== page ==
Film and Media Blog

A Fulbright Scholar from the U.S. studies Ukrainian war refugees in the Estonian school system

Dina Birman

Who are you and where do you come from?

"I plan to conduct a study of how Ukrainian refugee students are adapting to school in Estonia, and how schools are adapting to them"

I am Dina Birman, Professor of Educational and Psychological Studies at the University of Miami, USA. I arrived from Florida a few days ago and am enjoying this beautiful city. I am a psychologist specializing in clinical and community psychology. My work is focused on understanding how immigrants and refugees build a home in a new country. For over 30 years I have been studying acculturation, the ways in which immigrant families learn the new language and culture, construct a new identity, and maintain a connection to their heritage. This topic has special meaning for me because my own lived experience. When I was a child, my family left the Soviet Union and came to the United States as refugees. I watched my parents struggle to learn the language and establish themselves professionally while I was adapting to school. I remember how helpful some teachers were as I was learning English and trying to understand the American culture. Today there are so many more immigrants around the world moving to new countries and entering their school systems. I admire the hard work teachers do to incorporate newcomer students in their classrooms. As a scholar, I am particularly interested in how the contexts of local communities and schools influence the ways in which immigrants acculturate and adapt, and how educational programs can be structured to make this experience easier.

What has brought you to Tallinn University/Tallinn/Estonia?

I received a Fulbright Scholar award from the U.S. Institute of International Education to study integration of Ukrainian war refugees in schools in Estonia. I decided that Estonia is the ideal country to study their adaptation because it has been so welcoming of Ukrainian refugees. Professor Anastassia Zabrodskaja kindly agreed to host my fellowship at Tallinn University Baltic Film, Media and Arts School. I heard about this innovative school and decided it was the best place for me! We have many interests in common, as they relate to integration of linguistic and cultural minorities. I am excited to collaborate with her on my research. The resettlement of refugees in Estonia is quite different from refugee resettlement in the United States, and I believe that learning about the unique aspects of the Estonian context will help me develop a deeper understanding of the issues involved. I am also excited to be in Tallinn because I came here as a child and remember it as a beautiful, magical place, and an oasis of the western way of life within the Soviet Union. It is very special to have this opportunity to live here for a few months and get to know the city and the country.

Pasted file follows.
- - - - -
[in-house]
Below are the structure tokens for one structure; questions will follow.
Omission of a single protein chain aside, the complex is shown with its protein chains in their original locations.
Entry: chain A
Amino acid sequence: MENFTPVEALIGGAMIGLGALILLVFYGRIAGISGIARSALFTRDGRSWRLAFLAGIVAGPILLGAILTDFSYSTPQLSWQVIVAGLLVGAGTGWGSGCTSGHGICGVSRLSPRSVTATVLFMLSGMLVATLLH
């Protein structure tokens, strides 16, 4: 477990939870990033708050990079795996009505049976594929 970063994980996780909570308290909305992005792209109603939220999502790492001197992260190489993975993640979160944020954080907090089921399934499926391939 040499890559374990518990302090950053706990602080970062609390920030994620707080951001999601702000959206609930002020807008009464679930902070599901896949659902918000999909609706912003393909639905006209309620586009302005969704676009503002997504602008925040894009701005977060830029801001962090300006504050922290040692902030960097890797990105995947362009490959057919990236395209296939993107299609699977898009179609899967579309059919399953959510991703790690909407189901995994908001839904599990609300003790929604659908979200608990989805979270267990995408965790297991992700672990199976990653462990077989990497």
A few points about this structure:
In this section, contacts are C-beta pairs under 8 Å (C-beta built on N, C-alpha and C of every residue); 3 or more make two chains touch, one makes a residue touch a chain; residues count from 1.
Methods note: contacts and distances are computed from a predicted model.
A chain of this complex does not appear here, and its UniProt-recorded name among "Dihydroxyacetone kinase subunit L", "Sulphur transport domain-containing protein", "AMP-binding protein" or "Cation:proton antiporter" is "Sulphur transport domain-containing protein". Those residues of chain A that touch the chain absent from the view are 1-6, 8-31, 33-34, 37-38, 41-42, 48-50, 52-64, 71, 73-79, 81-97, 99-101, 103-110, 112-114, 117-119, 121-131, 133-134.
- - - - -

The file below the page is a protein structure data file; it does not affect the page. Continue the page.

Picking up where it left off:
What do you plan to do here as part of your Fulbright professorship?

I plan to conduct a study of how Ukrainian refugee students are adapting to school in Estonia, and how schools are adapting to them. I want to interview parents, students, and their teachers to understand their educational experiences. I want to learn from Estonian teachers about how they address the challenges of helping these students integrate at school while also being mindful of the trauma, family separations, and uncertainty about the future that they experience. I am very interested to learn about the educational and refugee resettlement systems in Estonia. Moreover, I would like to learn some Estonian. The cadence of Estonian speech sounds lyrical to me, and I am intrigued by how different it is from other languages I have studied (English, Spanish, and Mandarin).

What are you going to do here with Professor Anastassia Zabrodskaja?

I plan to collaborate with Professor Anastassia Zabrodskaja on this research project and am very excited by this interdisciplinary opportunity. I will give a lecture and meet Masters’ students in the Globalization and Identity in Society course in the Communication Management program. I welcome students to become involved in this research project if they are interested. If you are a student who needs to do an internship and or get ECTS for a free course, please feel free to contact me and or Professor Anastassia Zabrodskaja. We will be happy to introduce you to the project and find a way to involve you, especially if you speak Estonian, Russian or Ukrainian and are ready to support Ukrainian children in the Estonian school system.